(2020) (Lily James, Armie Hammer) (PG-13)
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- QUICK TAKE:
- Drama: A young woman travels to her new husband's estate where she learns his late wife's spirit still affects everything and everyone there.
It's the mid-1930s and the never-named Narrator (LILY JAMES) is a young woman who works for Mrs. Van Hopper (ANN DOWD), a rich American woman who wants to maintain her social status by associating with other rich and famous people. While in Monte Carlo, she's set her sights on recent widower Maxim de Winter (ARMIE HAMMER) who politely wants nothing to do with her, but is instantly smitten with the Narrator. Soon, he's whisking her off for adventurous day trips during which romance blossoms between the two.
When Van Hopper announces they're returning to America, the Narrator alerts Maxim to this and he decides on the spot to marry her and return her to his lavish estate in Cornwall, known as Manderley. Everyone there -- including house manager Mrs. Danvers (KRISTIN SCOTT THOMAS) and estate manager Frank Crawley (TOM GOODMAN-HILL) -- is surprised by this turn of events, what with his previous wife, Rebecca, having been the love of his life and the Narrator not coming from a prestigious family.
While the young bride makes some allies among the staff such as her maid, Clarice (BRYONY MILLER), she can't help but note the looks she gets from nearly everyone else, especially Mrs. Danvers who admits to her past close relationship with Rebecca. When that woman's first cousin, Jack Favell (SAM RILEY), shows up, things become more complicated, what with him being banned from the estate but saying a nebulous note to him from the previous Mrs. de Winter has left him searching for an answer since her death.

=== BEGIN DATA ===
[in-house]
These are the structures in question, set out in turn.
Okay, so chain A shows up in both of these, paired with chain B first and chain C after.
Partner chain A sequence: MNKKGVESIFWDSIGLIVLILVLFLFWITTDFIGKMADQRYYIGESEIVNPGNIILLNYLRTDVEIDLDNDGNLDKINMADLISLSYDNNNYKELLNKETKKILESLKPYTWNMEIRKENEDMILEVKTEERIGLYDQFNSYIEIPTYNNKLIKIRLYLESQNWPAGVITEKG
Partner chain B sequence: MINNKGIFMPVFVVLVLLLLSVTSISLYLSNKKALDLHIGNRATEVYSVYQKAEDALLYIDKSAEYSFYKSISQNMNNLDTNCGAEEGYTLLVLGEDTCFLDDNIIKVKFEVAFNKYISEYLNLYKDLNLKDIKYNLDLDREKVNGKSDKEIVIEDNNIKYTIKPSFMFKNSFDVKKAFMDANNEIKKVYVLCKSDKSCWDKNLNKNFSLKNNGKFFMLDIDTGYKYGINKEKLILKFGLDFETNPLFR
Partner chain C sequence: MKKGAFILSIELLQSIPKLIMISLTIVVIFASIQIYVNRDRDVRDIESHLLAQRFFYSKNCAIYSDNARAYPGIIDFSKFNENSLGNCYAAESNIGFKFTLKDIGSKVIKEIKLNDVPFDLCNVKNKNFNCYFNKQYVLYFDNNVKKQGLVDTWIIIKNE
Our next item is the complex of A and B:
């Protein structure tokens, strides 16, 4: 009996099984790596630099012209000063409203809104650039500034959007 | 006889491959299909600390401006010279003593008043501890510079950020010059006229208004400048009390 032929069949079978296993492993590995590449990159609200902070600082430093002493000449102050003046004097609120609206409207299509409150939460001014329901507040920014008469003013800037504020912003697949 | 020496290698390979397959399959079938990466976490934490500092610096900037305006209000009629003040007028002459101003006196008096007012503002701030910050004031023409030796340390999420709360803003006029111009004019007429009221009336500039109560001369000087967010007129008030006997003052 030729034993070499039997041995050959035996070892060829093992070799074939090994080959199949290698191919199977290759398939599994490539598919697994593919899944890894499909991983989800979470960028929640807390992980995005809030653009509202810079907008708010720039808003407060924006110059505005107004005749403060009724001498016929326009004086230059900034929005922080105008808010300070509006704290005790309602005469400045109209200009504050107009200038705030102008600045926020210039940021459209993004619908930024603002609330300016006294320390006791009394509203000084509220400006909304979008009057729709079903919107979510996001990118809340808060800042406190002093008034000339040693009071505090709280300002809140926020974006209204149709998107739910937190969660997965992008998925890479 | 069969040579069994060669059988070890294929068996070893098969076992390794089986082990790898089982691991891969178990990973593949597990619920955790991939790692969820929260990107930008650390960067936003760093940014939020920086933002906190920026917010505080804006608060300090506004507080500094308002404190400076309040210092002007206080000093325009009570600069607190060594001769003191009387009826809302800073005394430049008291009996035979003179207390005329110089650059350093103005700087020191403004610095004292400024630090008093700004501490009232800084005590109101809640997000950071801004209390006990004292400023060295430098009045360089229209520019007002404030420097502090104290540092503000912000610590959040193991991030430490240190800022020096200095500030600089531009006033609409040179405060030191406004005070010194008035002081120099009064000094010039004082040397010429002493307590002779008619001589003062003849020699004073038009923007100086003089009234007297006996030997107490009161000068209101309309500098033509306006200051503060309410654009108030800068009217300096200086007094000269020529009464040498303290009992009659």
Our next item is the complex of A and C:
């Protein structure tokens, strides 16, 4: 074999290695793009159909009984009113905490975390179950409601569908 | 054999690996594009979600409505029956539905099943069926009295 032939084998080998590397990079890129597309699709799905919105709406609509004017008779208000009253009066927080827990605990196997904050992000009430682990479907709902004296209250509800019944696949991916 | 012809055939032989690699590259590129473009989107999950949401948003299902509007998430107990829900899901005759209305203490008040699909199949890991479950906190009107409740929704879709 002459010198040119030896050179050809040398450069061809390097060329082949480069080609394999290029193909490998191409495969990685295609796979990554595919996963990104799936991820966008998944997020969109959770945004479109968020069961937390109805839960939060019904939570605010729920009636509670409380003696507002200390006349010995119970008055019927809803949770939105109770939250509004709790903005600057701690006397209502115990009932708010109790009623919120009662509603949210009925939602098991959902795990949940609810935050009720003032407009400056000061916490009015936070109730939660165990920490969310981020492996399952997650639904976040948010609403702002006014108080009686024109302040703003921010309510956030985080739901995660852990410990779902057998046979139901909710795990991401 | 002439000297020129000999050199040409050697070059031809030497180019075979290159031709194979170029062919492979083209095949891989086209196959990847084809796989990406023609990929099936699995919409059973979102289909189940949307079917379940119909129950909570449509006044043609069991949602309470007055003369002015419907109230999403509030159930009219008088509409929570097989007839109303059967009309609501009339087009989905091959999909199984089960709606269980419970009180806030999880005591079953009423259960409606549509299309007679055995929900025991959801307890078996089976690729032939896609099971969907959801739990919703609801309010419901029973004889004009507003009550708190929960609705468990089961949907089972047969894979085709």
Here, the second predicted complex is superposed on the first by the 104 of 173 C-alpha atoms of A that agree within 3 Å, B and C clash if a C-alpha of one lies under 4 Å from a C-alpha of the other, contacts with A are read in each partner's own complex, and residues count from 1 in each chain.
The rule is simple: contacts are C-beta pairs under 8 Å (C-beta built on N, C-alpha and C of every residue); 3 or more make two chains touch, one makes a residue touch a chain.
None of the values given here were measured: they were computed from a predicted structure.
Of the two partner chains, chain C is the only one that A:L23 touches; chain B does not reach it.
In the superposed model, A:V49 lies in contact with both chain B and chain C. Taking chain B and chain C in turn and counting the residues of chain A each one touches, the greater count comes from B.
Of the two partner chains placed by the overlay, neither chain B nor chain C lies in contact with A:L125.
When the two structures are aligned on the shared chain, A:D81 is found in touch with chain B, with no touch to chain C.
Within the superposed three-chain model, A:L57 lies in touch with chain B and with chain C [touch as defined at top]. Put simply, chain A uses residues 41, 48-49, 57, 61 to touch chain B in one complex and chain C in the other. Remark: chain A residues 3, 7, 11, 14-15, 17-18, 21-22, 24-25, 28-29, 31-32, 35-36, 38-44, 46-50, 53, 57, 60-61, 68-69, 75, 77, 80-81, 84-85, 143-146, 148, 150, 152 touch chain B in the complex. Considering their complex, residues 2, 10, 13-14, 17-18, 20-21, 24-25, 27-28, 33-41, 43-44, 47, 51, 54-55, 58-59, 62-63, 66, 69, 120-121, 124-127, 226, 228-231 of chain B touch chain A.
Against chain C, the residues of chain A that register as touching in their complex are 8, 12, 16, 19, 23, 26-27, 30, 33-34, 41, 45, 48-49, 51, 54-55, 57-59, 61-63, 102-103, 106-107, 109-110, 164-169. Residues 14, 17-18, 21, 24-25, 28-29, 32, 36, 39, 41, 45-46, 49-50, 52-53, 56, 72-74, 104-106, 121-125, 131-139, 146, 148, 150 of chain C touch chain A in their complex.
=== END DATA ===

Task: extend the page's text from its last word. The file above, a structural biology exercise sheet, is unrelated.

All of which leads the Narrator to continue her own searching for the truth about her predecessor and everyone's reaction to her showing up to take that woman's place.
- OUR TAKE: 5 out of 10
When it comes to ghosts, hauntings, and such, I'm still on the fence about whether they're real or not. I've had enough weird things happen over my many laps around the sun that I can't explain any other way, and from a creative standpoint, it's a fun storytelling device designed to spook audiences.
On the other hand, the logical side of me views such supernatural phenomena as unlikely to exist, especially when there's zero verified proof (notwithstanding untrained first or second-hand accounts or TV "reality" shows centered around ghost and paranormal activity hunters).
That said, there's no denying that the dearly (and sometimes not so dearly) departed still haunt people and places. For some, the mean-spiritedness of some people seems to linger on after they're gone, especially in the minds of survivors who had to live through it, almost as if that bad or even evil vibe has permanently permeated a place.
For others, the loss, longing for, and memories of loved ones likewise haunt the minds and feelings of those left behind to the point that they and any potential newcomers to the scene can't escape such emotional possession.